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Battle of Lake Erie...

Item # 572972

September 25, 1813

THE WEEKLY REGISTER, Baltimore, September 25, 1813
* Battle of Lake Erie
* Commodore Oliver Hazard Perry

An inside page has content From Lake Erie which includes a dispatch from Commodore Perry to the Secretary of the Navy (dated September 10, 1813, 4 P.M.) mentioning a signal victory against the British on Lake Erie, stating that the enemy squadron ..."have at this moment surrendered to the force under my command...," signed in type: O.H. Perry.

Below this is another dispatch (same date as the previous one) from Perry to the Secretary containing one of the most famous comments in the history of military communications: "We have met the enemy ; and they are ours...", signed in type: O. H. Perry.

There is yet another dispatch from Perry, plus a detailed letter from Perry to Gen. Harrison describing his thrilling and historical naval engagement against the British on Lake Erie during the War of 1812, also signed in type: O. H. Perry. Other war-related content as well.

Octavo-size and complete in 16 pages. This issue is in great condition.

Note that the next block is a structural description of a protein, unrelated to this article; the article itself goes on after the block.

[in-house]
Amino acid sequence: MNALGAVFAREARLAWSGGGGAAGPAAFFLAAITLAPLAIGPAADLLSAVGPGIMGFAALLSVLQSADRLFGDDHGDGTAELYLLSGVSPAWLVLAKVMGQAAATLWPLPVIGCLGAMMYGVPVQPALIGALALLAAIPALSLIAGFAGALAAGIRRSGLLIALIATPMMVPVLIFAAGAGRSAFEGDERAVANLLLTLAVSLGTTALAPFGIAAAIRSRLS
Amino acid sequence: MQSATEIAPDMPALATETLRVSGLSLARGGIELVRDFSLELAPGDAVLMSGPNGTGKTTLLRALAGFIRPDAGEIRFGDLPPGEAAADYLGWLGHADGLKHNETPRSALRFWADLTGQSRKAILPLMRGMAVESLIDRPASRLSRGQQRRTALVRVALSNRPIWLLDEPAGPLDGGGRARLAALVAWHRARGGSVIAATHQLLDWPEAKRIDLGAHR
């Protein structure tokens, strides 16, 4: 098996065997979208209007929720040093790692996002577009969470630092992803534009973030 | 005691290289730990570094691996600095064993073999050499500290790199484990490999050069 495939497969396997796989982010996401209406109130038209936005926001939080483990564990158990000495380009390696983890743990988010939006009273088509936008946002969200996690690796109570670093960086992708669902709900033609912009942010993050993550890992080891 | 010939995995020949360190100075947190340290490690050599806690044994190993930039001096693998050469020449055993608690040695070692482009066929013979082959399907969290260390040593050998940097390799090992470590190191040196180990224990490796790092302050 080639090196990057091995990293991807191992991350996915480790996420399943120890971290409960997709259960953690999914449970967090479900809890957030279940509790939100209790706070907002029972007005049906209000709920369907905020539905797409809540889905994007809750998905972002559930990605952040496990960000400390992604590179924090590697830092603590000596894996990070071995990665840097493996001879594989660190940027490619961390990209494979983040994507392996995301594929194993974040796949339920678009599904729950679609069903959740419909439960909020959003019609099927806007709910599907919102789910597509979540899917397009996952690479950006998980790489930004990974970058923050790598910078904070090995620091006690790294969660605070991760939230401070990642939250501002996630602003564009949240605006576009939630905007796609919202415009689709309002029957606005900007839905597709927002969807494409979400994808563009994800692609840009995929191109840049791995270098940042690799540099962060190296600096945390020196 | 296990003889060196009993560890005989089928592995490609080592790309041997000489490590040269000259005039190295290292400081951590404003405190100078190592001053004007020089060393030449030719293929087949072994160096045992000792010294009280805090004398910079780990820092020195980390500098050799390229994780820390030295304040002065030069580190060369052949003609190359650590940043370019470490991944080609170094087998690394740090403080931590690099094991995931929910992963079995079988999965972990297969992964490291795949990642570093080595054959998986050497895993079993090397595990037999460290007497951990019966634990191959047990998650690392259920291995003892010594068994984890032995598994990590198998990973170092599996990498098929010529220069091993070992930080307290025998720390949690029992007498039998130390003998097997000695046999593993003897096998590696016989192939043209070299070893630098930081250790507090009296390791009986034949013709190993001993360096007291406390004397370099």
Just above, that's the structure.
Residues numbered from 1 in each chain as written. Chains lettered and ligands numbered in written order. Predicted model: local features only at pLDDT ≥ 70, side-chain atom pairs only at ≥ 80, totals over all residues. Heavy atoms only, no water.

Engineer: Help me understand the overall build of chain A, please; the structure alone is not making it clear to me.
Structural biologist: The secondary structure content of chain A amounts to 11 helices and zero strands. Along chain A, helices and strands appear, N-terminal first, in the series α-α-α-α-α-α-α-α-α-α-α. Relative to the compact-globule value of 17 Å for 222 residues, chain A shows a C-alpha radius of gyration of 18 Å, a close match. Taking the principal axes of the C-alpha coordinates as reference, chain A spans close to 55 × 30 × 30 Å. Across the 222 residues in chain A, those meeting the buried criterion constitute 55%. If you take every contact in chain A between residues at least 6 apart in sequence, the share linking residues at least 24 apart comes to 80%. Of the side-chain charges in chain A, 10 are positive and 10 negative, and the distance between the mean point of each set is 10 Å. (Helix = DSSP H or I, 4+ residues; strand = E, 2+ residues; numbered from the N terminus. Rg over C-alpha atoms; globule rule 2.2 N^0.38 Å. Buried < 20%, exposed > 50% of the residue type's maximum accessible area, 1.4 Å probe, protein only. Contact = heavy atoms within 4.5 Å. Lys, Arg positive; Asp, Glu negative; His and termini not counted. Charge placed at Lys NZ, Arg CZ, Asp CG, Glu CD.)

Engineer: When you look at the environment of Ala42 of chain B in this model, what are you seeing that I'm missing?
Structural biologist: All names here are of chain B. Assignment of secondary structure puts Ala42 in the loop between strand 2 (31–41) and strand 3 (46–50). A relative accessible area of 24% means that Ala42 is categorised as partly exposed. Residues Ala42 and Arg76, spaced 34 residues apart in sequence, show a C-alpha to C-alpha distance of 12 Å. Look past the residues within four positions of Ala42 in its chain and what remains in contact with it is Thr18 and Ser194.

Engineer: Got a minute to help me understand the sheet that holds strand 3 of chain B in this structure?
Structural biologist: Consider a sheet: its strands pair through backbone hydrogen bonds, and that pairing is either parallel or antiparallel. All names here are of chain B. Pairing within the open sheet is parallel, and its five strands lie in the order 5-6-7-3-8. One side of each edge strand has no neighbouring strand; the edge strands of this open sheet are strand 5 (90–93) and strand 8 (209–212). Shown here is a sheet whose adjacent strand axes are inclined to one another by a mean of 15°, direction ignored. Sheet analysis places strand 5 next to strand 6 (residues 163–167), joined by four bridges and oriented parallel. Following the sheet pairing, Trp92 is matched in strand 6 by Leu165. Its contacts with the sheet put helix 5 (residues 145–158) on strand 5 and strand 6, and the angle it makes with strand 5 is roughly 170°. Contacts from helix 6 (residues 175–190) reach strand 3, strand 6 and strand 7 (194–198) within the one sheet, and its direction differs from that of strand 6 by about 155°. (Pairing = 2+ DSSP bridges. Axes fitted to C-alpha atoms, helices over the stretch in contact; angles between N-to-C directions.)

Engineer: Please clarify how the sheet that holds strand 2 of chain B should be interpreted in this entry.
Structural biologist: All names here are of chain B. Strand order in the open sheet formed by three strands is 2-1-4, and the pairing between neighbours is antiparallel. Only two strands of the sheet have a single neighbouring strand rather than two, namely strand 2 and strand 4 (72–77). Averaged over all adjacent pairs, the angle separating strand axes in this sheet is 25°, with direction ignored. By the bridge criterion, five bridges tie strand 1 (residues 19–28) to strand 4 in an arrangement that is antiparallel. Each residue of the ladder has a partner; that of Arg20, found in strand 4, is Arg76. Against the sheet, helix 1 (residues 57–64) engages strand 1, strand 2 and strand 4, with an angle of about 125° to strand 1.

The two squadrons met near Put-in-Bay, Ohio, on September 10. The wind was light. Barclay initially held the weather gauge, but the wind shifted and allowed Perry to close and attack. Perry hoped to get his two big brigs, his flagship USS Lawrence and USS Niagara into carronade range quickly. However, the Niagaraunder Elliotwas slow to come into action (it may have been obstructed by the unhandy Caledonia) and aboard the Lawrence, Perry had to face three British ships alone. This would prove a matter of dispute between the men for many years.

Although the American gunboats steadily pounded the British ships from a distance, Lawrence was eventually reduced to a wreck. Four-fifths of its crew were killed or wounded. Both of the fleets surgeons were sick with lake fever, so the wounded were taken care of by the assistant, Usher Parsons. Perry decided to transfer his flag. He was rowed a half mile (1 km) through heavy gunfire to the Niagara while the Lawrence was surrendered.

Once aboard Niagara, Perry dispatched Elliot to bring the gunboats into closer action, while he led Niagara at Barclays damaged ships. Niagaras broadsides severely wounded Barclay. Detroit collided with another British ship, HMS Queen Charlotte, and both ships surrendered, being unmanageable and their commanders having been killed or wounded. The smaller British gunboats tried to flee but were overtaken and also surrendered.

Although Perry won the battle on the Niagara, he received the British surrender on the deck of the recaptured Lawrence so as to allow the British to see the terrible price his men had suffered.

Category: Pre-Civil War

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